Betting on eSports continues to grab the media spotlight, with more and more iGaming operators clamouring to offer eSports betting products on their platforms. Could eSports disrupt the current online betting industry that hasn’t changed in the past 15 years? Industry eSports betting consultant Mark McGuinness explains.
Competitive video gaming isn’t a new phenomenon. If anything video gaming has done a lot of ‘pivoting’ as they would refer to it in Venture Capital, speak. In the early 1980’s the iconic Space Invaders held the 1st large-scale video game competition for 10,000 players in the USA. Fast forward to the early nineties and advancement in technology allowed true online multiplayer capabilities. This was perhaps the birth of eSports, transforming the stereotypical image of a computer nerd, eating pizza and whiling away a misspent youth in his bedroom in solitude to one of a digital eSports athlete.
The key takeaway here is the multiplayer feature, not only provided the platform to compete but the ability for socialization. The concept of being able to share the same interests and beliefs has resulted in vast eSports communities numbering in the tens to hundreds of millions around one particular video game franchise.
Why should you iGaming operators take notice?
Firstly video gaming pervades every facet of our digital and connected lives. It lurks in our smartphone and smartwatch, our home either as a games console or browser based app on your smart television. It infiltrates the workplace and in some European countries is being introduced into the primary schooling system. If you look at the USA, 155 million Americans play video games, which is 3.5 times bigger than the fantasy sports market base of 40 million! League of Legends, the world’s most popular eSports franchise, has a community of some 67 million players, playing every month. It is, therefore, a central digital entertainment experience and economy built around social communities.
Why eSports can disrupt
ESports has the potential to disrupt the mainstream, online gambling industry which hasn’t really transformed or succumbed to disruption, or the decentralised internet like other industries.
Firstly eSports is built around vast community-based platforms, where players can compete, socialize, engage in live chat and broadcast that experience through live video streams. On the flip-side, current gambling models have little to zero socialization and could be defined as a solitary activity. Think about placing an online sports bet, it’s just you versus the operator in a very sanitized and unengaging experience, no live chat, no personal video stream, no sharing of your personal progress. Likewise playing slots or table games are further examples devoid of community entertainment for this Millennial demographic.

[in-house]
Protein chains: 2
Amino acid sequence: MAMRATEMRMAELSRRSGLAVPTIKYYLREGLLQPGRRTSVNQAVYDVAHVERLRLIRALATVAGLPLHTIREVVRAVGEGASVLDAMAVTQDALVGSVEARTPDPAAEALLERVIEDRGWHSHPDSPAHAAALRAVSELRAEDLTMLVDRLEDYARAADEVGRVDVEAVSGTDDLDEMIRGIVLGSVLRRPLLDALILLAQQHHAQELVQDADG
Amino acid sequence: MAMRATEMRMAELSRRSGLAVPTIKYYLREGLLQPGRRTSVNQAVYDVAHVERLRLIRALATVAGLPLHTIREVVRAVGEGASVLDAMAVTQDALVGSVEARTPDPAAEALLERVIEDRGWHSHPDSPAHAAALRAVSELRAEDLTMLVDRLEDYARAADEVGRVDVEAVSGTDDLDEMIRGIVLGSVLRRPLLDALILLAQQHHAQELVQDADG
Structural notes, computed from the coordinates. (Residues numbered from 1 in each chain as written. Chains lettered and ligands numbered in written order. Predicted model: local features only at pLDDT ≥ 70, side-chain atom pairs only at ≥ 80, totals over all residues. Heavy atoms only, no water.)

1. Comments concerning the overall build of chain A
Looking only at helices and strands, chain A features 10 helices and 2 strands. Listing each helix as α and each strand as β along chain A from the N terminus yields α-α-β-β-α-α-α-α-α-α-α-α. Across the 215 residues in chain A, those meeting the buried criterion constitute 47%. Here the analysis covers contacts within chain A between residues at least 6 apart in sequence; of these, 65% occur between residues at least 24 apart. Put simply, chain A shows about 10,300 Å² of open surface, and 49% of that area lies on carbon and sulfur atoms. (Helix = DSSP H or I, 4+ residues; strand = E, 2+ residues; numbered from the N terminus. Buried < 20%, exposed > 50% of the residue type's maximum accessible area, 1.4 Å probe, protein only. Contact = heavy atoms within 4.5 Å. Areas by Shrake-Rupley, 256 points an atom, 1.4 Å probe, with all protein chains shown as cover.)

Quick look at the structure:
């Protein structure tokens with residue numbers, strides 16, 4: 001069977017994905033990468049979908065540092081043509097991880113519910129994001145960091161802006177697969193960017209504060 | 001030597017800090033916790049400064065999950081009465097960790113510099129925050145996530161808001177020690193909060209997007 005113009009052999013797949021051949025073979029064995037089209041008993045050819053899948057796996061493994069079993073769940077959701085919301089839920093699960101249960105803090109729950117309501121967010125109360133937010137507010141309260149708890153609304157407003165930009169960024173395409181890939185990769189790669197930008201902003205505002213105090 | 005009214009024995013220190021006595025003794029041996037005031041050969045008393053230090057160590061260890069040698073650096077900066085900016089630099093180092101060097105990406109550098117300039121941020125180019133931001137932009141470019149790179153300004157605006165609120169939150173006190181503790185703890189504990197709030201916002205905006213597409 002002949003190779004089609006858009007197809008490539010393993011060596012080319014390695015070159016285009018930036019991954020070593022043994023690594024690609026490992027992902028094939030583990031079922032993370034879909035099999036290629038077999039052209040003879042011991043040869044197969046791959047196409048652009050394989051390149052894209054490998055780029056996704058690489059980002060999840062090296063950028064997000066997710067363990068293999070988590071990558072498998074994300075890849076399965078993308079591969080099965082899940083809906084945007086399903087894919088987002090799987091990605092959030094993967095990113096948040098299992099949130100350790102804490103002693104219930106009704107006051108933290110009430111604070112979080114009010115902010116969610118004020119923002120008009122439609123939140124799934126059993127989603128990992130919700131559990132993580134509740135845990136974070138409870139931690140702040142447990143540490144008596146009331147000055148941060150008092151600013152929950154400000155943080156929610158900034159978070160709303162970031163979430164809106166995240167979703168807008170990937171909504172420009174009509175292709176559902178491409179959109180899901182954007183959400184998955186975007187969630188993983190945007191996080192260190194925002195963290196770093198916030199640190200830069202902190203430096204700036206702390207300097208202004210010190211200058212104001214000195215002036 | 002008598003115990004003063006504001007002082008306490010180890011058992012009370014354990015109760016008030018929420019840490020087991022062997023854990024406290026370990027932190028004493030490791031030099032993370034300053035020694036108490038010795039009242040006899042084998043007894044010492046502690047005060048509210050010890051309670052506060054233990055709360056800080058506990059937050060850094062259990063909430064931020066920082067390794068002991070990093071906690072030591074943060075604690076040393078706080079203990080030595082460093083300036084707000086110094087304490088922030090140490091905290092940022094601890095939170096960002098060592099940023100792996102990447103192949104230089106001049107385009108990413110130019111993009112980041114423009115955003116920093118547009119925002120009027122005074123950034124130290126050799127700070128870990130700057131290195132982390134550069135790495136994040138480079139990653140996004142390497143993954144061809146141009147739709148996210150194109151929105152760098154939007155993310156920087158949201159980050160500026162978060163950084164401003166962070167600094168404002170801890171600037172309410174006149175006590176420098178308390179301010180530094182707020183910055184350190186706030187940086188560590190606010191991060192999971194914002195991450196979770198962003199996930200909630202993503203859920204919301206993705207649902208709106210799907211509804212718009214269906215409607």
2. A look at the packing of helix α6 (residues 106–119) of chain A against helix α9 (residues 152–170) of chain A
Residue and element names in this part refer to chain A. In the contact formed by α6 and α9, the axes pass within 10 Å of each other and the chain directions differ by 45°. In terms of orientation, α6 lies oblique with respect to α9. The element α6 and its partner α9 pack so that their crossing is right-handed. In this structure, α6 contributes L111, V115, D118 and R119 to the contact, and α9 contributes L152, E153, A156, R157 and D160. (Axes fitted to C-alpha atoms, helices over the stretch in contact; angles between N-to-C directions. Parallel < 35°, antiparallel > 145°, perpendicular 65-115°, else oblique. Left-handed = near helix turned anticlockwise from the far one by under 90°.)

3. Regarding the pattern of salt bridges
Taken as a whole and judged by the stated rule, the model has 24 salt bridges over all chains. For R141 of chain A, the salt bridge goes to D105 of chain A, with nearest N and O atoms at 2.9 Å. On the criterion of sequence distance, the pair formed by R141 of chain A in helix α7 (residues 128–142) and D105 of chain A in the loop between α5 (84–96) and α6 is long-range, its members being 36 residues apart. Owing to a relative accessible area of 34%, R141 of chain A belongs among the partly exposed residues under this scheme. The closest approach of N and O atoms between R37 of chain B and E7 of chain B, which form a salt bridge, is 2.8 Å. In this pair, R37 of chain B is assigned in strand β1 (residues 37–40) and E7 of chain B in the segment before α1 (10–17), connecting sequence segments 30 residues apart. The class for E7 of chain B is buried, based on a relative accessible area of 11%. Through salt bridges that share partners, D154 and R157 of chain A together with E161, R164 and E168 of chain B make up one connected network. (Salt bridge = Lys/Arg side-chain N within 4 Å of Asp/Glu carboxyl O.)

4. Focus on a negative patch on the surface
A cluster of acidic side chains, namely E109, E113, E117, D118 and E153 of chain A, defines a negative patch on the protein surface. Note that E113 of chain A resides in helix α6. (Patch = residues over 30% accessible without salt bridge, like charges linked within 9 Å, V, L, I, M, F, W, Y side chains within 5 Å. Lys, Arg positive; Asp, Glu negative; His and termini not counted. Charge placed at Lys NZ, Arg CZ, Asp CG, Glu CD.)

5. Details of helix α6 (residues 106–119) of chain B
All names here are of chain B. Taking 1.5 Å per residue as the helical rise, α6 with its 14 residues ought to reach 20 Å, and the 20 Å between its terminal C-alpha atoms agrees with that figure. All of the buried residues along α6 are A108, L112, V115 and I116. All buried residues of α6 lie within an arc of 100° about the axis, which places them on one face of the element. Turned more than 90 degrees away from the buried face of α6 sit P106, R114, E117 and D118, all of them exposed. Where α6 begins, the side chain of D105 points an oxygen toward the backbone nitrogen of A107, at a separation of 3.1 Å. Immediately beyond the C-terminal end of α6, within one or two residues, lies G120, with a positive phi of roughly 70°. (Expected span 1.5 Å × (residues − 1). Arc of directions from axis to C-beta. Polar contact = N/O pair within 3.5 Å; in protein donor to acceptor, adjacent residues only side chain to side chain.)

If you believe community isn’t central to the eSports betting experience, you may rethink this. Unikrn, a pure-play eSports betting site which is not even a year old, has amassed 7 million players. That is the power of a community based gambling entertainment offering.
Micro-transactions and Digital currency
Within the eSports ecosystem, gambling services are already well-developed. Skin gambling or skin trading has given rise to huge eBay style marketplaces. These platforms like CS: GO Lounge provides the ability to buy and sell digital items such as knives, guns related to the game Counter Strike. They generate millions of dollars in betting trades per day. Furthermore Riot, the publisher of League of Legends, is forecast to make around $1billion in revenue from these so-called micro-transactions on digital goods related to the in-game play.
The online gambling industry has been slow to embrace other alternative value exchange models such as Bitcoin and other forms of digital currency. If it doesn’t embrace what the eSports demographic is already engaging with, then their business may miss out on the opportunity to acquire millions of potential new customers.
The connected generation wishes instant gratification, social giving and the community at the heart of their digital entertainment experience, which could mean traditional sports books may just have to rethink their business models to win over this new digital consumer.
Esports is more than just a fad as some industry observers have mooted. It is as much a digital experience as a real-world experience. It’s both digital entertainment and gambling opportunity. It has the potential to reach millions of new customers for mainstream online gaming operators.